Our modern form of hunting is for fashionable bargains – we all strive to find the most clothes for the cheapest price. A pair of jeans for twenty pounds might be a deal, but a pair for seven pounds is inherently better, regardless of the quality or source. Yet these small prices come with a large ethical cost. Brands such as H&M, Zara, Primark and Mango are where the public majority shop – so why is it that we accept ‘H&M’ and ‘employee-neglect’ as near synonyms?
Most of us have heard of the collapse of the Bangladeshi factory building Rana Plaza in 2013 which killed nearly 1,200 factory workers. Not only did it result in tragedy, it also exposed the misconduct of several high street brands such as Primark and Mango. Although the use of child labour in garment production is often the first misconduct associated with the industry, and in particular Rana Plaza, other instances include salaries below minimum wage, continuous work without breaks, and staging acceptable conditions for inspections.
The issue of immoral business strategy in the garment industry is far from new. Throughout the 1990’s there was a movement of protest against companies such as Gap and Nike (brands which are still involved in scandal) that used child labour in their production processes. A pattern has developed in which the brand in question apologises for the abuses and enforces new ‘age verification technique’ or enhances the ‘employment process’. However, in reality, the change is only in location of the factory. Gap moved from El Salvador, to Cambodia, to China. Then China increased the severity of its minimum wage laws, so factories were moved to Bangladesh.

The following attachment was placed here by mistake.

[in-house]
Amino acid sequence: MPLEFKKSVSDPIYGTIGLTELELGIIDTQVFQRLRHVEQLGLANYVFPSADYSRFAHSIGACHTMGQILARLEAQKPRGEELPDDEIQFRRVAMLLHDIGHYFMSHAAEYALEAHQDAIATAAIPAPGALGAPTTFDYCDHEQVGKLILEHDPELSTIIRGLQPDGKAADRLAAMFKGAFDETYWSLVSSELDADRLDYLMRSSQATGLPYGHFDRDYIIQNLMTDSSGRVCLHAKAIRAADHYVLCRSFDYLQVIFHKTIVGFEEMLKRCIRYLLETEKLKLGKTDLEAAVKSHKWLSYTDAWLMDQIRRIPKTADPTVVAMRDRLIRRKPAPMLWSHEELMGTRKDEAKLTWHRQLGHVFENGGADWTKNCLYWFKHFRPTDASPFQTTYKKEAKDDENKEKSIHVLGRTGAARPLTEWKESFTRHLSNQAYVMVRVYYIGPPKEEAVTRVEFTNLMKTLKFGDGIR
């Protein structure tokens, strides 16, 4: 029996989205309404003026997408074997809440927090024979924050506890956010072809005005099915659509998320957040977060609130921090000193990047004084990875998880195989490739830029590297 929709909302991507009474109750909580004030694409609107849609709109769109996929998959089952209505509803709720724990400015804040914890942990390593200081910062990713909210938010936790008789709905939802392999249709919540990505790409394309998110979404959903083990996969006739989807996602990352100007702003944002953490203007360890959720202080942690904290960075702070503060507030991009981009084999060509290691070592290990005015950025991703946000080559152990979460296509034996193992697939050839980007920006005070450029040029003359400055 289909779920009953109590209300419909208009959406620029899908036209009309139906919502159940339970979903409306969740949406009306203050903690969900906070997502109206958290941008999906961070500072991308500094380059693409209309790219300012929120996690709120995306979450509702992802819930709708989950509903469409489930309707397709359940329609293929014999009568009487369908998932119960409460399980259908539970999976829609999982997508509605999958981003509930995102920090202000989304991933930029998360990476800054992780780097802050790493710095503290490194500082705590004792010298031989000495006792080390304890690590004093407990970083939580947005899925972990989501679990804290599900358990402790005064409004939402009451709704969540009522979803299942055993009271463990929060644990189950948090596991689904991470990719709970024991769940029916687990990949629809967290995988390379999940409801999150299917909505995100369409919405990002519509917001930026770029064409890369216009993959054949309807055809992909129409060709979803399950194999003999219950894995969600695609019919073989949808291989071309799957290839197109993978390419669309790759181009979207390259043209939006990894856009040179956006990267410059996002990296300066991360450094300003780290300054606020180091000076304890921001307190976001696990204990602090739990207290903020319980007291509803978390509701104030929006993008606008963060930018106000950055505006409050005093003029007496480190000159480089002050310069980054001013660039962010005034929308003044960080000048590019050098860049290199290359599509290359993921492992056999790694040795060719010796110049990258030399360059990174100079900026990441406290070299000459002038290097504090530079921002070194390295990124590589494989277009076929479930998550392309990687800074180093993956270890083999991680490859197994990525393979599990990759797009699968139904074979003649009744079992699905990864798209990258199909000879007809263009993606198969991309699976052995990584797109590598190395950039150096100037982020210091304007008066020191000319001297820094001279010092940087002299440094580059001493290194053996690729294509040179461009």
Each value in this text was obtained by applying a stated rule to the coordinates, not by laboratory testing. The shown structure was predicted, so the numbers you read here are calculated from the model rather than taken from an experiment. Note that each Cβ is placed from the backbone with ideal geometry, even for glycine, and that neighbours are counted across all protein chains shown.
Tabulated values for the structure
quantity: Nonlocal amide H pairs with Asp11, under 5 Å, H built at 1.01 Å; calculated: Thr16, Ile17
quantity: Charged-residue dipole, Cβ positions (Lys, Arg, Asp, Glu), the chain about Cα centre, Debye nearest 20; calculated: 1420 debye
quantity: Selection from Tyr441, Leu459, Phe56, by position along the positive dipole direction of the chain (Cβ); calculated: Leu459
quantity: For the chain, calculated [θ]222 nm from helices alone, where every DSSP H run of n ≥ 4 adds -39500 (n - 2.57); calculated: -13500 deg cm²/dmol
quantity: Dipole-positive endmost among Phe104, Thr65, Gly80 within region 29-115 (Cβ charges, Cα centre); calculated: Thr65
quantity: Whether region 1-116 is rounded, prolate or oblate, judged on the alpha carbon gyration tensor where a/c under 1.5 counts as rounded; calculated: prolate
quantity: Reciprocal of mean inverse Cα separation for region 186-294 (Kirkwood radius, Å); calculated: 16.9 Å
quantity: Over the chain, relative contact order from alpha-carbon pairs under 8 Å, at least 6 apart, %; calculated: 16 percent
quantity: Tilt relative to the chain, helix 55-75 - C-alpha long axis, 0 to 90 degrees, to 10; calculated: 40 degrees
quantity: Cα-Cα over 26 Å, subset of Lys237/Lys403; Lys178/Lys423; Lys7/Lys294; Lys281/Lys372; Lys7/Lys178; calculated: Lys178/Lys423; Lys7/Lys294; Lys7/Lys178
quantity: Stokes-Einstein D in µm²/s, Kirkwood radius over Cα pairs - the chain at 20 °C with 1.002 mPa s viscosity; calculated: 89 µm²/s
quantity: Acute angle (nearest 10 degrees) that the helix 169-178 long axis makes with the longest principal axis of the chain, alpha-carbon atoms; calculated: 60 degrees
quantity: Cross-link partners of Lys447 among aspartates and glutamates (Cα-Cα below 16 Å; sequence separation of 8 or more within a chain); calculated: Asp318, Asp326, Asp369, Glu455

As a student in a liberal society, purchasing H&M or Primark goods is often met with cutting criticism, yet the one judging does so whilst donning a Mango top themselves. As an alternative to the aforementioned companies, a variety of ‘ethical’ clothing companies exist, companies such as American Apparel, Reformation, and New Balance. However, these companies come at a much higher commercial price than immoral ones. A pair of jeans from Reformation for example cost £125, versus a manageable £7 for the same cut of trouser from Primark. In student terms, a pair of Reformation jeans is the equivalent to eight weeks of groceries.
It’s unrealistic to expect everyone to pay over £100 for every pair of jeans in their wardrobe. It is entirely possible, and often the reality, that people don’t have more than twenty pounds to spend on a top lest they go into debt.
Fashion is a part of modern living. It has become entwined in social relations, work, art, relationships, and self-expression. While it is possible to wear clothing that isn’t on ‘trend’, it is not possible to wear no clothing at all. So, it’s as unfair as it is unrealistic to argue that fashion isn’t relevant, and buying clothes isn’t necessary.
As students, if we need a black t-shirt for our bartending jobs, or a new jumper when our old one gains one hole too many, our lifestyle requires an element of speed and accessibility, and the cheaper the better. Ideally, cheap and ethical would go hand in hand, but as we’ve seen with the Rana Plaza incident, this is far from the foreseeable truth.
It can’t help but feel as though the clothing industry is against us – the need for capitalist gain outweighs our moral responsibility as citizens of the world in their eyes. A realistic alternative to the black and white dichotomy of moral versus immoral clothing (and expensive vs. cheap) is wearing second hand items. Not only are second hand items student-budget friendly, but they also decrease revenue flow to wrongful corporations. While its not realistically possible to entirely boycott every unethical budget brand mentioned, it is possible to be aware of your role in the supply chain, and how you can minimise the damage on your end.
Image: putri macan via flikr